I keep seeing the term Reggio-inspired. What does that mean?
The term Reggio-inspired is a hot topic on the Internet, particularly among early childhood educators. The Reggio Emilia Approach is a unique school of thought that originated in Italy in response to Mussolini’s dictatorship. A group of mothers and children decided to found their own school by creating a learning environment where it was safe to ask questions and where children’s natural desire for knowledge was nurtured. They came up with the founding principles that guide the curriculum of the schools that adopt it.
There’s a lot to like about the Reggio approach which is exactly why I try to apply the concepts to many projects with Pearl. It’s a school of thought that builds character, autonomy, and challenges young sweet ones to explore and discover.
So what is it exactly?
The Reggio Emilia Approach isn’t a method. There is no official training in America giving the title Reggio Emilia trained to any teacher which is why you see the term Reggio-inspired. It’s a philosophy that preschools and early childhood settings embrace, but many of the principles can be adapted to a home setting. The central principles of this philosophy are:
1. Children are capable of constructing knowledge.
Reggio Emilia embraces the idea that children are naturally curious beings that are already interested in the people and world around them. They are seen as potential beings that are capable of constructing knowledge.
2. The adult acts as a guide.
In schools that embrace the Reggio approach, teachers develop what’s called an emergent curriculum. This is to say that as children share their curiosity and interests, the teacher will provide opportunities through which the child can research, test, and apply their ideas in order to gain knowledge.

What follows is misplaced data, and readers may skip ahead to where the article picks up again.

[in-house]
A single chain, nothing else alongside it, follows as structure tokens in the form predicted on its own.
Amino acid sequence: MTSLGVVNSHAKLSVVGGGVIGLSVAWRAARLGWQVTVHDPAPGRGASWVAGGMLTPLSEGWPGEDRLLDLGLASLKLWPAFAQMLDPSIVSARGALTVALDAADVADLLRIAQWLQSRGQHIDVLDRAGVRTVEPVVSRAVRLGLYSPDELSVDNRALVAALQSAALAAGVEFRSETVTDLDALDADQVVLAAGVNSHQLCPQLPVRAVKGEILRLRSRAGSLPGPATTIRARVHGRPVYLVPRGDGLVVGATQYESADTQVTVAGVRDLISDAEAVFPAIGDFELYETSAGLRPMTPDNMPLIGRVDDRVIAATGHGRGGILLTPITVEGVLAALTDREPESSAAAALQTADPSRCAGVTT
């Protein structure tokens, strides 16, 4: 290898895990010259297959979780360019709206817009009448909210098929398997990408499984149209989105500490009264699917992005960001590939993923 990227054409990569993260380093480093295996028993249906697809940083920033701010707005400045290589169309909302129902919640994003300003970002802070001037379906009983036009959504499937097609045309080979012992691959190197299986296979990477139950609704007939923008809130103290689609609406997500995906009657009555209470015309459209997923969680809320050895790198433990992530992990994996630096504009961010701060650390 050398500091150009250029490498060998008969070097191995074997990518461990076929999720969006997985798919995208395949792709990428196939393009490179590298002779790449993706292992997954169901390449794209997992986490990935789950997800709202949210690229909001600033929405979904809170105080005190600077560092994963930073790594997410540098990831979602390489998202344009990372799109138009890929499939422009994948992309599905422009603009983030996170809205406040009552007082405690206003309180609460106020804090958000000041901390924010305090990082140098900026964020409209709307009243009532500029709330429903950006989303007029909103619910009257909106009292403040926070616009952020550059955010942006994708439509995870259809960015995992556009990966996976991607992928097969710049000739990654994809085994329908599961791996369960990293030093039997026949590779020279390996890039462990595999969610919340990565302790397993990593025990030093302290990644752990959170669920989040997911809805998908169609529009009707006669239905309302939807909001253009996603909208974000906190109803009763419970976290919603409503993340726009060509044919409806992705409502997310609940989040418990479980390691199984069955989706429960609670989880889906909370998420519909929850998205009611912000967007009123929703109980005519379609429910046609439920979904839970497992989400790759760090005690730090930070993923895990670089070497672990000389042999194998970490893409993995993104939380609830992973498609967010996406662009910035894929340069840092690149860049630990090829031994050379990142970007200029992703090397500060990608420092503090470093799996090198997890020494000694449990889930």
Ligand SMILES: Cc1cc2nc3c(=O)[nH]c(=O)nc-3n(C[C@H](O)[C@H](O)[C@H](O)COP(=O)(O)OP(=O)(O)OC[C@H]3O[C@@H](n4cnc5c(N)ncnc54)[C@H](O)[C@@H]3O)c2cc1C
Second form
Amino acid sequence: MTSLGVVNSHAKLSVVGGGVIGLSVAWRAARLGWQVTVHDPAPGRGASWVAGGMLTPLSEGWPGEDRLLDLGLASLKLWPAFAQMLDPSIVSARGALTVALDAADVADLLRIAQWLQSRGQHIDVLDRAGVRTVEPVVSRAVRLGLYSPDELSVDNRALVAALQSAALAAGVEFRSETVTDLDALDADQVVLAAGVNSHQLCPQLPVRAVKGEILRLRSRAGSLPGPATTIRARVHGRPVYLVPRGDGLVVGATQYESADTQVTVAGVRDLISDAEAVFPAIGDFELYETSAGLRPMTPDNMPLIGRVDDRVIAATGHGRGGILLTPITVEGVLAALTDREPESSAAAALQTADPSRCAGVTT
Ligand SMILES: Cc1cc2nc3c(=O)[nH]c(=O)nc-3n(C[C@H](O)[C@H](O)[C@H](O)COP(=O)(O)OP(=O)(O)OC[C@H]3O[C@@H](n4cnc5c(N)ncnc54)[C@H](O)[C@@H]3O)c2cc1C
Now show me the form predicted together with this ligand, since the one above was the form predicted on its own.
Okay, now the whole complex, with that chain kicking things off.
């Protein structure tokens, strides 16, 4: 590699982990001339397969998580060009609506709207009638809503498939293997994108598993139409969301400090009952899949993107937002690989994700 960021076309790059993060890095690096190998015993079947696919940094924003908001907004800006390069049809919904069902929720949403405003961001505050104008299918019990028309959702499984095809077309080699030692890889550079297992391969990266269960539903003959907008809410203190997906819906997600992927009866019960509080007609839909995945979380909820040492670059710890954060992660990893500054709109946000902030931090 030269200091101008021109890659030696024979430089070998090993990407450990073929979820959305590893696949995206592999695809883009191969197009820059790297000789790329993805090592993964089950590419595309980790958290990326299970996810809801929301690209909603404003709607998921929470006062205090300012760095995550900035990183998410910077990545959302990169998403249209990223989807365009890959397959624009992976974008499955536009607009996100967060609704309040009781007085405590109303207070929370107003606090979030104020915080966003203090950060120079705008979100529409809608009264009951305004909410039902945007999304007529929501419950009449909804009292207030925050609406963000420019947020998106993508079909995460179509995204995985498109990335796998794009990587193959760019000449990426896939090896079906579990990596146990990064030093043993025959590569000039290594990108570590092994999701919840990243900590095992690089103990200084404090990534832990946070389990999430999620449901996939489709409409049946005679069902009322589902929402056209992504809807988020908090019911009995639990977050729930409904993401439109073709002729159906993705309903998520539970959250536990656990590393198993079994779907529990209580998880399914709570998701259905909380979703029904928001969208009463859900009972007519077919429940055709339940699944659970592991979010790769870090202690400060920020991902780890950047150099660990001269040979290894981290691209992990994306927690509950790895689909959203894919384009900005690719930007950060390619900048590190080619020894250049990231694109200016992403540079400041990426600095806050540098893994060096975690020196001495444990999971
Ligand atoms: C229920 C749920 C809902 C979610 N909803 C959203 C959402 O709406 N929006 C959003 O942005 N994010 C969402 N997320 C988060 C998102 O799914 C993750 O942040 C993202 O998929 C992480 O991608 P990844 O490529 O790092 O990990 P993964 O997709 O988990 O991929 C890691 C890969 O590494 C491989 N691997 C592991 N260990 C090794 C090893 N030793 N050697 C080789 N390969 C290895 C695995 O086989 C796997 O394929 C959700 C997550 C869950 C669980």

3. The environment as teacher.
The environment is seen as a potential space that can inspire learning. Ideally, an environment filled with natural light, open space, and organization is most inviting for child learning. This can be a hard principle to bring home depending on the space available for families in areas with high population density. It can also be difficult where children and adults have domain. No need to make your entire kitchen Reggio friendly. You can simply apply it to child-centered areas by keeping toys organized in their bedroom, play area, or even section off a part of a common space. We’ve adopted this at home by keeping the playroom an inviting and organized space where Pearl can explore and get her hands deep into tissue paper or paint whenever inspiration sparks.
4. An emphasis on documenting children’s thoughts.
Many schools embrace this with formal documentation: using frequently trafficked areas to display children’s artwork, journal entries, and even photographs of each child and their families. Pearl’s parents and I adopt this by hanging up and displaying Pearl’s latest projects. It’s such an easy way to show that her creations and thoughts are valued, and an even easier way to add some wonderful art to the walls.
5. Children know hundreds of languages.
This is one of my favorite ideas in Reggio Emilia. This principle suggests that children use several languages to communicate. Writing, drawing, painting, sculpting, building, and pretending are all forms of communication and expression, and each should be valued and nurtured. These languages are part of learning.
Most importantly, the Reggio-Inspired philosophy embraces a hands-on approach to learning and play, which are not separate, but one. Any one of these guiding ideas are a wonderful entry point to discovery with your little one.